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A team of researchers lead by Florida State University have found new evidence that permafrost thawing is releasing large quantities of greenhouse gases into the atmosphere via plants, which could accelerate warming trends.
Researchers studying Arctic thermokarst failures in Alaska were alarmed to find climate-warming carbon dioxide gas may be releasing into the atmosphere at an unprecedented rate.
What does pulling a radar-equipped sled across the Arctic tundra have to do with improving our understanding of climate change?
According to a survey published in the November 30 issue of the journal Nature, melting permafrost in the northern climes is releasing large amounts of methane and carbon, amplifying the global warming effect.
Scientists estimate that if global warming continues even at a moderate pace, a third of the earthâ€™s permafrost will be gone by 2200.
Among the worrisome environmental effects of global warming is the thawing of Arctic permafrost---soil that normally remains at or below the freezing point for at least a two-year period and often much longer.
An Australian-led team of scientists says it has determined the amount of frozen carbon in Earth's northern regions is more than double previous estimates. We now estimate the deposits contain over 1.5 trillion tons of frozen carbon, about twice as much carbon as contained in the atmosphere, said Charles Tarnocai of Agriculture and Agri-Food Canada, the study's lead author. Pep Canadell, executive director of Australia's Global Carbon Project and study co-author, said the existence of...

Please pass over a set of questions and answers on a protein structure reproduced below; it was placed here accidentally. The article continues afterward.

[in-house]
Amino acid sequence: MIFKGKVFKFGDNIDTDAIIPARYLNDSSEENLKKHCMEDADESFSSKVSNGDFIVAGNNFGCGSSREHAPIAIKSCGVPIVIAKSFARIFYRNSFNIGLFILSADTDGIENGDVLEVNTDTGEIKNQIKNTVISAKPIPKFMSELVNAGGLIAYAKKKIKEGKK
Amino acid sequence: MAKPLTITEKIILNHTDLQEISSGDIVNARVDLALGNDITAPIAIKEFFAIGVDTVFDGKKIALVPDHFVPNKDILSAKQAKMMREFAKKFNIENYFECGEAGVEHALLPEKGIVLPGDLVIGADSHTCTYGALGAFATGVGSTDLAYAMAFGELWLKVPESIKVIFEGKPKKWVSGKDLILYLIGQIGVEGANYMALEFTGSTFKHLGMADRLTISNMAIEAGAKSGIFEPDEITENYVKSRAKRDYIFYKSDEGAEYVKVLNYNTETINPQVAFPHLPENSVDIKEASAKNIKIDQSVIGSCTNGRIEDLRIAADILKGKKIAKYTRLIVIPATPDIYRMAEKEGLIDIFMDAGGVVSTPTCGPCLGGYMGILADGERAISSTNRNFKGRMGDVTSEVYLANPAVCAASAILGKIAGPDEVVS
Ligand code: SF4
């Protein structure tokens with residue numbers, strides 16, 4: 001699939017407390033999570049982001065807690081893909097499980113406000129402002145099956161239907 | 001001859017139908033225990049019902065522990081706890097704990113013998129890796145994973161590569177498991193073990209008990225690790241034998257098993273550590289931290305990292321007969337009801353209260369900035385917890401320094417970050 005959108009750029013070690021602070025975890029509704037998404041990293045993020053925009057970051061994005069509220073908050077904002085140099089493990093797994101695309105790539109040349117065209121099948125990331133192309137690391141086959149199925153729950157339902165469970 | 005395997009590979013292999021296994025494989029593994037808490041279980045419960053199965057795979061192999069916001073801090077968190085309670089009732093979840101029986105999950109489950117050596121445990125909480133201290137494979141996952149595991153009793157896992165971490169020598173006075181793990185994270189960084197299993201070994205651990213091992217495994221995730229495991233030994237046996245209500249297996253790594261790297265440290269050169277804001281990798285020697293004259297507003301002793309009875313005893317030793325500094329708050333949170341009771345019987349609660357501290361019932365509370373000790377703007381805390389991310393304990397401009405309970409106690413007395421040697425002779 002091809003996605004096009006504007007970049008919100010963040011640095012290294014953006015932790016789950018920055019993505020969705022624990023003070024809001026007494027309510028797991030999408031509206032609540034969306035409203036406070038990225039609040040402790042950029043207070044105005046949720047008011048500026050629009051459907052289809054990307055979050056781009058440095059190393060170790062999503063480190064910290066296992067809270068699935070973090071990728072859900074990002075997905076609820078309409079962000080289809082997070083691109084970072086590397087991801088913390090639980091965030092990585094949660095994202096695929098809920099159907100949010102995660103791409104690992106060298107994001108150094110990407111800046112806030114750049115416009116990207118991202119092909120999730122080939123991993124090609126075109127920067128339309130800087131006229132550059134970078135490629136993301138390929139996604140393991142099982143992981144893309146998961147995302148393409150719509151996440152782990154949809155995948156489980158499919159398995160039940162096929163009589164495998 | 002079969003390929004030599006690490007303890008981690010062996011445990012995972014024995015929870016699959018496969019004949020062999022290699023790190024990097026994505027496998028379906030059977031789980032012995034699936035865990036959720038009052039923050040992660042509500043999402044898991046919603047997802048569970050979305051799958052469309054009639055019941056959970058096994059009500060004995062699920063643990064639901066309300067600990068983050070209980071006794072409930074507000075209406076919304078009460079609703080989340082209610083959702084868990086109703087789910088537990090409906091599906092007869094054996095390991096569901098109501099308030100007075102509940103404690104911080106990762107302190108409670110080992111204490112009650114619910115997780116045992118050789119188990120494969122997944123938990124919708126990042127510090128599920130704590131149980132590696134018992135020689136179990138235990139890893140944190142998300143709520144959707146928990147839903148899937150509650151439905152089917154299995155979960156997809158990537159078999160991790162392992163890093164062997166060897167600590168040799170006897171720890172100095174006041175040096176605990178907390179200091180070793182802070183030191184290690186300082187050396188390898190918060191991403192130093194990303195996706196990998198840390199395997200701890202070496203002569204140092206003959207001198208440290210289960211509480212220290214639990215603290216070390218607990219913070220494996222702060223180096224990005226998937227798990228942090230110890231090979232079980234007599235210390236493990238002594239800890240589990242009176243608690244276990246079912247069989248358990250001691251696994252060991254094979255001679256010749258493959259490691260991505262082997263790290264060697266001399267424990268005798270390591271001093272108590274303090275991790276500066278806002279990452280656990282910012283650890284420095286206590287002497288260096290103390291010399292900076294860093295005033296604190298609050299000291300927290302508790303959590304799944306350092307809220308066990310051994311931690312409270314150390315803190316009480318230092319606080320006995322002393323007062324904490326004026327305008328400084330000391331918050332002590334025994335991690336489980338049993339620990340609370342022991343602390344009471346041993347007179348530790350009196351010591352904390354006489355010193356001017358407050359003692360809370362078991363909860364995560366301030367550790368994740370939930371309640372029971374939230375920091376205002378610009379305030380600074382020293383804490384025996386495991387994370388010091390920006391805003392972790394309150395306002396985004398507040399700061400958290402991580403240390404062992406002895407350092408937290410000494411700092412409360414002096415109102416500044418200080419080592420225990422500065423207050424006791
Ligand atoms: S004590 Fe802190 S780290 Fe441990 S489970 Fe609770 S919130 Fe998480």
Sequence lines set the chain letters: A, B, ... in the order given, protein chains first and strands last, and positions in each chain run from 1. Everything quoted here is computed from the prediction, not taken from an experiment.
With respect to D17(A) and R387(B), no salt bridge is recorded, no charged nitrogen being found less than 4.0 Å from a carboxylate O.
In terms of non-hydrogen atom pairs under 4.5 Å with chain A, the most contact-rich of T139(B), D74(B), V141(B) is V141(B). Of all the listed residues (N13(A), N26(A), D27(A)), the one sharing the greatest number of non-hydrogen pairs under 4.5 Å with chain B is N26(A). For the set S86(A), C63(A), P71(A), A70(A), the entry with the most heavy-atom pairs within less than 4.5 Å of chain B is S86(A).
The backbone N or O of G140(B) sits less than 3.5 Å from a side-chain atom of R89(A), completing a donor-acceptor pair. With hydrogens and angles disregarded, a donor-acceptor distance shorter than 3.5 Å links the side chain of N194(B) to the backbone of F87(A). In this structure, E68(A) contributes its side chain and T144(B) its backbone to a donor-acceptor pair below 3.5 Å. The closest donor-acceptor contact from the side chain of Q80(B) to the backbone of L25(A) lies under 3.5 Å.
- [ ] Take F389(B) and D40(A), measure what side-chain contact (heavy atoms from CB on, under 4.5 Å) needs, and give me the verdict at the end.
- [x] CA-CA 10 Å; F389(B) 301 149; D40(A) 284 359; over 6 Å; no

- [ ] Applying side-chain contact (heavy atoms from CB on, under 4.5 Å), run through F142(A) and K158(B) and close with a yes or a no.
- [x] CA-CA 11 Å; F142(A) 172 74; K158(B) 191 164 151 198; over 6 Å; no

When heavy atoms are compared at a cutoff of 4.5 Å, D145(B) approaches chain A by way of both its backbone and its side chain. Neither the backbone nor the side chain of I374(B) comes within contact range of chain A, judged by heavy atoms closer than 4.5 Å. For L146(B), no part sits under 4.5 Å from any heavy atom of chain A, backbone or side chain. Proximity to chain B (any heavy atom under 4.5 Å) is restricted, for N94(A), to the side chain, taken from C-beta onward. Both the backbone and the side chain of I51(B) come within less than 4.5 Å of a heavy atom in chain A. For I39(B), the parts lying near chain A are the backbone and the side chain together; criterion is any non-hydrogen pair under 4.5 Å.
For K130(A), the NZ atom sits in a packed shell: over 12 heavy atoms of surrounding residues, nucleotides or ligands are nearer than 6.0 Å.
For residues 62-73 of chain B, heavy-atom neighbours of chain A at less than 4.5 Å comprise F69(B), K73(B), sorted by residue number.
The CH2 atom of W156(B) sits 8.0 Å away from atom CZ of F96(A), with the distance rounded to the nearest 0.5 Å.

The vast amount of carbon stored in the arctic and boreal regions of the world is more than double that previously estimated, according to a study published this week.
â€œA slow-motion time bomb.â€ Thatâ€™s what one ecologist calls the looming threat of trapped greenhouse gases in the melting Arctic.
Frozen arctic soil contains nearly twice the greenhouse-gas-producing organic material as was previously estimated, according to recently published research by University of Alaska Fairbanks scientists.
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